Kenya’s Higher Education Loans Board, or HELB – the official government agency in charge of dispersing student loans- has launched a scheme to recover more than US$120 million in student loan repayments and attract millions of dollars to back long-term funding for the sector.

The drive forms part of HELB’s initiative to reduce Kenyan higher education’s dependency on government-borrowed money. Lottery-funded scholarships and nationwide savings schemes all form part of the brand new strategy.

The current fiscal year saw HELB request US$200 million worth of tax from the state, but the agency only received 14 percent of the original request (US$28 million) despite loan access being extended to include college and private sector students, not just those enrolled at Kenya’s public universities.

Parents will be encouraged to invest millions into an education funding scheme as part of the new strategy, the aim of which is to significantly boost and sustain HELB’s total loan revenue. The scheme will allow parents to deposit up to US$10 a month in a savings account which they can put towards their child’s future education expenses, with money remaining redeemable for at least a decade.

The strategy means HELB will face direct competition from Kenyan insurance companies and fund managers who are already implementing child education funding plans. If HELB is to stand up to industry competitors, it will need to provide greater returns to attract the most valuable customers.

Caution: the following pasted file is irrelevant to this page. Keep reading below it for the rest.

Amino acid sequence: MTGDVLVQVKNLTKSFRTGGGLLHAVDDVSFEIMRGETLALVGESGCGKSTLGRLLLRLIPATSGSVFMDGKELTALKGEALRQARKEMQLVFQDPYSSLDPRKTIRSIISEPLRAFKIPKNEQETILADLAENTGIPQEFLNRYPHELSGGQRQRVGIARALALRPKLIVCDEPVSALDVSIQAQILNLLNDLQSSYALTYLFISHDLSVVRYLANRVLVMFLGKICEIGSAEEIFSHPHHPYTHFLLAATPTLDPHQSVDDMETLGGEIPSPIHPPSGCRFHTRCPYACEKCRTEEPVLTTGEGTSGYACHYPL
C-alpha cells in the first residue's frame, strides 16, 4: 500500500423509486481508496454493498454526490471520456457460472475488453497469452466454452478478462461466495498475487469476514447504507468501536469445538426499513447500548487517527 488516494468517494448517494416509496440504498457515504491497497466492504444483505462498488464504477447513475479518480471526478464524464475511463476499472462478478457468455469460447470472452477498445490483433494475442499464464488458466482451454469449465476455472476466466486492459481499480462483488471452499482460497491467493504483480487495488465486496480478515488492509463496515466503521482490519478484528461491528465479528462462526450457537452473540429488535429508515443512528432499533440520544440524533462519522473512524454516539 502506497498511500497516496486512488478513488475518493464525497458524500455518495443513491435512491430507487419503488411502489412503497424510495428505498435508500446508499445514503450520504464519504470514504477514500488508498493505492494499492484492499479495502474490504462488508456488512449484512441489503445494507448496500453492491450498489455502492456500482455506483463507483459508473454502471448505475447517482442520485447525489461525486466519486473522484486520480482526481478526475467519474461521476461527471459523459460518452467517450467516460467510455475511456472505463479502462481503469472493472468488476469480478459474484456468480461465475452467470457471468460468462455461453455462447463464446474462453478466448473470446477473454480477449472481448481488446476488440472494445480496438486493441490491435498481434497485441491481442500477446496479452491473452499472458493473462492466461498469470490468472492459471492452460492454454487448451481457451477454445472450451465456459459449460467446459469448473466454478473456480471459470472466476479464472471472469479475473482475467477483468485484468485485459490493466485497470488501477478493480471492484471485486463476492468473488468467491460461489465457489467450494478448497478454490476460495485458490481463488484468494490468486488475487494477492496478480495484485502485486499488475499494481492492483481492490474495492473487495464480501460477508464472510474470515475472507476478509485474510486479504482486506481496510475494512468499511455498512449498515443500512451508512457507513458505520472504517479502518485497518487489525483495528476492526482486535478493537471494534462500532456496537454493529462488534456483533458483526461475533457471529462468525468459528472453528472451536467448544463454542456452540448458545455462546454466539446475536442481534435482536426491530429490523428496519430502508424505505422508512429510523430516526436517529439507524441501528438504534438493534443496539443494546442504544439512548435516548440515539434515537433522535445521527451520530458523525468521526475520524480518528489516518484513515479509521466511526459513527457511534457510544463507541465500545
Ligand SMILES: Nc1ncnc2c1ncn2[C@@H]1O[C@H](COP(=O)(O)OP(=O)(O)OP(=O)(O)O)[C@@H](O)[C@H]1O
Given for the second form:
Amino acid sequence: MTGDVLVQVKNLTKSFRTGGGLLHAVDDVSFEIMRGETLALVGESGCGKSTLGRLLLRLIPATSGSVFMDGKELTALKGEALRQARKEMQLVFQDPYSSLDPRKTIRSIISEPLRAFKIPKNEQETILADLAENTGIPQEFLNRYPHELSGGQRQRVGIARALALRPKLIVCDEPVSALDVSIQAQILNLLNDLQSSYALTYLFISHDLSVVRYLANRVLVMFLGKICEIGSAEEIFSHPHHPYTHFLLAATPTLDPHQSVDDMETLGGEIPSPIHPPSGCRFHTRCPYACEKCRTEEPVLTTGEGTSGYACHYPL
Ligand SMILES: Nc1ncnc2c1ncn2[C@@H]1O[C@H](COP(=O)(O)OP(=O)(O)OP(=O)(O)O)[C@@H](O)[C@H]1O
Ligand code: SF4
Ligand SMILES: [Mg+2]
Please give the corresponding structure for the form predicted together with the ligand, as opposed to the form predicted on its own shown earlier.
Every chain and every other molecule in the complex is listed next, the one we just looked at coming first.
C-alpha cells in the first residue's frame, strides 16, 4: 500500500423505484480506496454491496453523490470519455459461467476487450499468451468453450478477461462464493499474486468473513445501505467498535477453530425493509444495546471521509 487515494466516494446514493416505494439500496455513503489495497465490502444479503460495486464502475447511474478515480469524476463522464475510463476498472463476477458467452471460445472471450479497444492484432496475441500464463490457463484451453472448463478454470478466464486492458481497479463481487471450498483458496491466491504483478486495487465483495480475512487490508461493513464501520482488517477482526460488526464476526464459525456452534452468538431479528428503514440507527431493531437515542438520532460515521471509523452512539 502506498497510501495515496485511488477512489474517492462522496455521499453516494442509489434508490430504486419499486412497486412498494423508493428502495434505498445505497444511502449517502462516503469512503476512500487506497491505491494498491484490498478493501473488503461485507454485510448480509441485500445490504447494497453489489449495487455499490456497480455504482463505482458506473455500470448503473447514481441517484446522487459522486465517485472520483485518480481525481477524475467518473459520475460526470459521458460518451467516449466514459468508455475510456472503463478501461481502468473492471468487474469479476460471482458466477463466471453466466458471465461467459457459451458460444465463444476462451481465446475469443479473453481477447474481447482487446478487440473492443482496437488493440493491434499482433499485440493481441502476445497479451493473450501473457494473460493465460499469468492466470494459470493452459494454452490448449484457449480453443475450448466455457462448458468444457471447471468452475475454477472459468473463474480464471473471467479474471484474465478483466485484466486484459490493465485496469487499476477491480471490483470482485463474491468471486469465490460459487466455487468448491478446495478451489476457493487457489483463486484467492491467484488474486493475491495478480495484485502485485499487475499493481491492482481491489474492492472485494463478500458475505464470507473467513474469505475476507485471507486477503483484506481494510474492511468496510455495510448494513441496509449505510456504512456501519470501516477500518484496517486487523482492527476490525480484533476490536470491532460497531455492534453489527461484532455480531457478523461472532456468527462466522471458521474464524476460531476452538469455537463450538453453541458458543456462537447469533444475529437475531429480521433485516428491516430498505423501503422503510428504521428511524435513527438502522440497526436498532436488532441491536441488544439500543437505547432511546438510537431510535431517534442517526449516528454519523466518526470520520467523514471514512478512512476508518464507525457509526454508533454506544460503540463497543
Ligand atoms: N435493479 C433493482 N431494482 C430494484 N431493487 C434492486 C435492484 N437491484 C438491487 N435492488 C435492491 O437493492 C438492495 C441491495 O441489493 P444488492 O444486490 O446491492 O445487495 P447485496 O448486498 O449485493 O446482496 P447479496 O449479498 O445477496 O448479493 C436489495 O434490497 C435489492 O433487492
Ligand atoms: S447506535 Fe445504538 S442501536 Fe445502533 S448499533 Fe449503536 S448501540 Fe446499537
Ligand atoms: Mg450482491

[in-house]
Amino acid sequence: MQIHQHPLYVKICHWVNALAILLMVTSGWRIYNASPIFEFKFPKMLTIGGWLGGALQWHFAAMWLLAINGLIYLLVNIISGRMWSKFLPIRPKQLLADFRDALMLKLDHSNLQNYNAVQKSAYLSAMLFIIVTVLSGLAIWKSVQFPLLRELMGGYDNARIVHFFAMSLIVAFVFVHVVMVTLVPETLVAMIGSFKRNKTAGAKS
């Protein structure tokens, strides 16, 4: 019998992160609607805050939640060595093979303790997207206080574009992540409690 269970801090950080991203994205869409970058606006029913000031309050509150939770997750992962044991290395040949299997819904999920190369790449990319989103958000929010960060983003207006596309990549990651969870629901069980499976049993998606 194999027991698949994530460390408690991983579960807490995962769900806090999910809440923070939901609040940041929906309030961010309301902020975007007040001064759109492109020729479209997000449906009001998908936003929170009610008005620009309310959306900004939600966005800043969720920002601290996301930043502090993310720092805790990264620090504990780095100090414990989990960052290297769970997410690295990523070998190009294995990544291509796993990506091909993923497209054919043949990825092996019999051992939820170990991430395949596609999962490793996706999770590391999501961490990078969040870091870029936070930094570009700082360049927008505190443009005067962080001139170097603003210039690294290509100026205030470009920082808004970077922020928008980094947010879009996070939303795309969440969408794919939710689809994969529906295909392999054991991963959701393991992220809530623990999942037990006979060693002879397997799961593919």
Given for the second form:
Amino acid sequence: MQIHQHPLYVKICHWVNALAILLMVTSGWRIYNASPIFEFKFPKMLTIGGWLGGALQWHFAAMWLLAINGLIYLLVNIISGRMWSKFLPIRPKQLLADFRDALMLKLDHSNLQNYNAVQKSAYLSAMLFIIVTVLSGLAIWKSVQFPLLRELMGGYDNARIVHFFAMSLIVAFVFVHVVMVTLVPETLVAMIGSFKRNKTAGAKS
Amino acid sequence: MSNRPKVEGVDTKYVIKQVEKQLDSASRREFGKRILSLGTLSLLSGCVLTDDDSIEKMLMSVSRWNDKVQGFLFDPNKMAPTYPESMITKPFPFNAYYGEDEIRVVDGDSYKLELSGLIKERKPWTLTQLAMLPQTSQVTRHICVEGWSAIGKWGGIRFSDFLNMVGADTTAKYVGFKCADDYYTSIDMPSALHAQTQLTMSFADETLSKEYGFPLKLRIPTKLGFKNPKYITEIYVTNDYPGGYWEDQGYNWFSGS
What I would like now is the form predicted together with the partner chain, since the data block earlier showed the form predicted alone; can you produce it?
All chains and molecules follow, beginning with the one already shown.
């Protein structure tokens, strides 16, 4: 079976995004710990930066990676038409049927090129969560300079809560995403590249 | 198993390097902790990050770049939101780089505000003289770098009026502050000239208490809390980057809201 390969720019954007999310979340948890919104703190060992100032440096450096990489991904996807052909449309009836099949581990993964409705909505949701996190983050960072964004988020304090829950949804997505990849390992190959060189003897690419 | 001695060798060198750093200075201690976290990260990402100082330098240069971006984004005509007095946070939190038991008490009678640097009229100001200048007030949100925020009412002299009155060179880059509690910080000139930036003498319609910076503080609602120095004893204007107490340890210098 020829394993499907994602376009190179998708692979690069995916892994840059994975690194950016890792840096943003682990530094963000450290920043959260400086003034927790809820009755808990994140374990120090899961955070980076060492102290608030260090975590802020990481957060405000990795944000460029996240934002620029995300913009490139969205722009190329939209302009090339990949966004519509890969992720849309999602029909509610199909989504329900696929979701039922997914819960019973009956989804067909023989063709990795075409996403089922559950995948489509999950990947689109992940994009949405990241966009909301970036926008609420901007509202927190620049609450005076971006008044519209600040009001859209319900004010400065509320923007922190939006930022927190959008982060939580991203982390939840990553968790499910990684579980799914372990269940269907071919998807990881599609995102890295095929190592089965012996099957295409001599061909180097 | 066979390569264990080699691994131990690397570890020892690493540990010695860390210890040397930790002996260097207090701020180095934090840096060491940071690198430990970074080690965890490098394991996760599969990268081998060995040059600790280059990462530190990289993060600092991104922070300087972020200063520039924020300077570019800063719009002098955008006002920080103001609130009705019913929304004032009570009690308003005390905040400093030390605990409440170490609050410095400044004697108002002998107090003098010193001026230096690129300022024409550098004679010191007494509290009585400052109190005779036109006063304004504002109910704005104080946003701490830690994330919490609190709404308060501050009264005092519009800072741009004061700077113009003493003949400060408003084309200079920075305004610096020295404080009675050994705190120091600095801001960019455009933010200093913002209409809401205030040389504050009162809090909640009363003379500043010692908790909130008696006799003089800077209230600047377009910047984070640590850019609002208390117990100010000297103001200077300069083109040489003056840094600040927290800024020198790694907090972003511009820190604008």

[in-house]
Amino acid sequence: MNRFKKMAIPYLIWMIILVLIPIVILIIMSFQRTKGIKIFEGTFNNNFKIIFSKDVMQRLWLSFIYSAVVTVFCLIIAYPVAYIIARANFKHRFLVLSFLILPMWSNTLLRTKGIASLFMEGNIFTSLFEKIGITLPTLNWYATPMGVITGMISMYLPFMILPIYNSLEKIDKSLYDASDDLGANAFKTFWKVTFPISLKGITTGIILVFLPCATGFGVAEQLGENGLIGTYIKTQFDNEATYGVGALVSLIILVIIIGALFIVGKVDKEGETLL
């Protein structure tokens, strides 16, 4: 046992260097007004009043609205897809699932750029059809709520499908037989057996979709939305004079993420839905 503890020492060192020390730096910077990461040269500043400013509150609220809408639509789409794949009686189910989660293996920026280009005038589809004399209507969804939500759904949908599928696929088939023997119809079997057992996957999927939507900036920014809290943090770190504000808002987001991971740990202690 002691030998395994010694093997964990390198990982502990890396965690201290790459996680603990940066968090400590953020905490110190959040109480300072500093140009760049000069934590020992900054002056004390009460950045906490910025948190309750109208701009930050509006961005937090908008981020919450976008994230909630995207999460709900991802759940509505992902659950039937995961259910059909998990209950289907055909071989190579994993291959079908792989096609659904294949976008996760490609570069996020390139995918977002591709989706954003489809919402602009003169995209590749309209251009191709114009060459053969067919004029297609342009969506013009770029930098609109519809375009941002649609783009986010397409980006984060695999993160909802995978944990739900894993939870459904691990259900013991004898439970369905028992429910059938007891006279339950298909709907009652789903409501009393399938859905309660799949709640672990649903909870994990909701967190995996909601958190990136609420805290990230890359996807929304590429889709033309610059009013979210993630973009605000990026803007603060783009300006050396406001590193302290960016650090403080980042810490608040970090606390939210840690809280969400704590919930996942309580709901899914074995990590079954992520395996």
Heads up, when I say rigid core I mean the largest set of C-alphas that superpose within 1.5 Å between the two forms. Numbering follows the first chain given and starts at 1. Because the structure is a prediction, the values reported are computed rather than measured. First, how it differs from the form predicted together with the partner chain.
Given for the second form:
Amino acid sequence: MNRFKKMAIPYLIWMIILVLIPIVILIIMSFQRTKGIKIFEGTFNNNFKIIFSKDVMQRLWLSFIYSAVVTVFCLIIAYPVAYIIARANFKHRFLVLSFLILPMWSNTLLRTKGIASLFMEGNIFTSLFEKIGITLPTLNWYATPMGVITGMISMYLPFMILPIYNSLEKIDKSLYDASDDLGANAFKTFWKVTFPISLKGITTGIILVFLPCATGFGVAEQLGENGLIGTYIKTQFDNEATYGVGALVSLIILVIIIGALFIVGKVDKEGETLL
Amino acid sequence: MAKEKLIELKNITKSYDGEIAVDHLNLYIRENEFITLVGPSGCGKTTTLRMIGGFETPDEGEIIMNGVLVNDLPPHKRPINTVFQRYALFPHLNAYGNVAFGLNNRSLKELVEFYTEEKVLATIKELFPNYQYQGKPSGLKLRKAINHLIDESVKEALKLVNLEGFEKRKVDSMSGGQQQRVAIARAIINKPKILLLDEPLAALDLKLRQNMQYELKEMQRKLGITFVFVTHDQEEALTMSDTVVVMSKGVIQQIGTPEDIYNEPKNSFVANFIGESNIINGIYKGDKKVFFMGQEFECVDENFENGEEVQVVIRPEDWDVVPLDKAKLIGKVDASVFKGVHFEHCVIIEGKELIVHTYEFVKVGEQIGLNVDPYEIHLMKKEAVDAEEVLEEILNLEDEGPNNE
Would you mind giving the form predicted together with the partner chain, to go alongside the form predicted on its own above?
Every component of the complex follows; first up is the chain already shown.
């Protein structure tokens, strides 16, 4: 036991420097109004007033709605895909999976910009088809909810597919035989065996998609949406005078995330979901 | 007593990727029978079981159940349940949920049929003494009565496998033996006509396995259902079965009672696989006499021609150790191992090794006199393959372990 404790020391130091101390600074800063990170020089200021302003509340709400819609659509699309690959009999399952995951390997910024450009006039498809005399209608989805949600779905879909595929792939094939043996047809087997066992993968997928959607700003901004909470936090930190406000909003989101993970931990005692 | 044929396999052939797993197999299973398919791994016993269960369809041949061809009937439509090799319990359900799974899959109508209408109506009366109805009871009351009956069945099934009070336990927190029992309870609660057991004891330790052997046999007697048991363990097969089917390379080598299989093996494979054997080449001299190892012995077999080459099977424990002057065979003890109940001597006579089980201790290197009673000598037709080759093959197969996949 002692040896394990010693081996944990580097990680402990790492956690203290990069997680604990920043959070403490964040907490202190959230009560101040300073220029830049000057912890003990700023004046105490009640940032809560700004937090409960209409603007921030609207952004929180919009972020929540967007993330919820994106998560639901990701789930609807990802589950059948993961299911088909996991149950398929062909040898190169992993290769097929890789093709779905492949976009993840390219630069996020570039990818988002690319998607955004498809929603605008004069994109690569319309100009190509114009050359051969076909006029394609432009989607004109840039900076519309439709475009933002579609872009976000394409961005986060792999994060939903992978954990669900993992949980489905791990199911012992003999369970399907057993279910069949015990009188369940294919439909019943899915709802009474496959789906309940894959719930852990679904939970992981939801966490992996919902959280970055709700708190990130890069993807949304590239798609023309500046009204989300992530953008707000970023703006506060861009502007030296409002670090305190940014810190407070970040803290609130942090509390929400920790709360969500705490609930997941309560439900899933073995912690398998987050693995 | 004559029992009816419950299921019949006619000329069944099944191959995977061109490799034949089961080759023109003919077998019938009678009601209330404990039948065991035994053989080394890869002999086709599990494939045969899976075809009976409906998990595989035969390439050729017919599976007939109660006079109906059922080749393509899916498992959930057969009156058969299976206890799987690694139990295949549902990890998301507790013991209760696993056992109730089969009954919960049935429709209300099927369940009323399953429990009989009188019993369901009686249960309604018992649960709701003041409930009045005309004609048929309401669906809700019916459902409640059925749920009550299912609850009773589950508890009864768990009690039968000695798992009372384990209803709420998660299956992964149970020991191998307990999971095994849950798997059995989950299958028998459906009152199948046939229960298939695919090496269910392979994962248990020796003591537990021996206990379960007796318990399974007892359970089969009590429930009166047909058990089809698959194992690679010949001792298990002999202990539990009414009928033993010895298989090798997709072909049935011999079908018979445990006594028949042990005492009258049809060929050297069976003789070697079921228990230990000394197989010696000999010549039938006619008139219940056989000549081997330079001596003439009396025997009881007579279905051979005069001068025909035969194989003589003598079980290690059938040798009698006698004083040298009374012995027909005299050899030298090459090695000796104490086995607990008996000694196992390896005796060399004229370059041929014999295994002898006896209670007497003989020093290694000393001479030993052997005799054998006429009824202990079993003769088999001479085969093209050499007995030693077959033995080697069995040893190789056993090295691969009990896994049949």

HELB also hopes to create national lotteries that will enable students to compete for prizes and access additional capital to invest in their education, according to HELB’s chief executive, Charles Ringera.

“We are relooking at our existing fundraising and loan recovery strategies to ensure we guarantee the long-term sustainability of the fund,” he said.

HELB’s current strategy seeks the bolster the agency’s student loan book from US$63.5 million to US$224.7 million over the next two years.

Kenya’s education ministry predicts that the number of first-time applicants in the region will grow five-fold from this year’s 32,776 to 147,687 by 2018, citing factors such as rising student numbers and increased loan accessibility as reason for the projected inflation.

For returning students, the number of applicants is expected to rise more than 50 percent, from 101,000 to 247,328 within the same time frame.

The new strategy will provide between US$407 and US$698 a year for Kenya’s undergraduate student population. Successful applicants can also receive up to US$93 in bursaries which they will not have to pay back. Under the scheme, a student in Kenya may have accumulated debts worth US$3,000 by the end of a four-year course.

“Even as HELB mulls over the available options, it is important to remind the agency that a relentless pursuit of past beneficiaries, who are able but are not paying their loans, remains its best shot at staying solid in the long term,” wrote Kenya’s Business Daily on Monday.

“It might also help to increase penalties where it becomes clear that a loanee has been deliberately avoiding his or her obligations to the revolving fund. Most important, the state must stop playing politics with the fund and bring to an end the ever-growing list of beneficiaries.”

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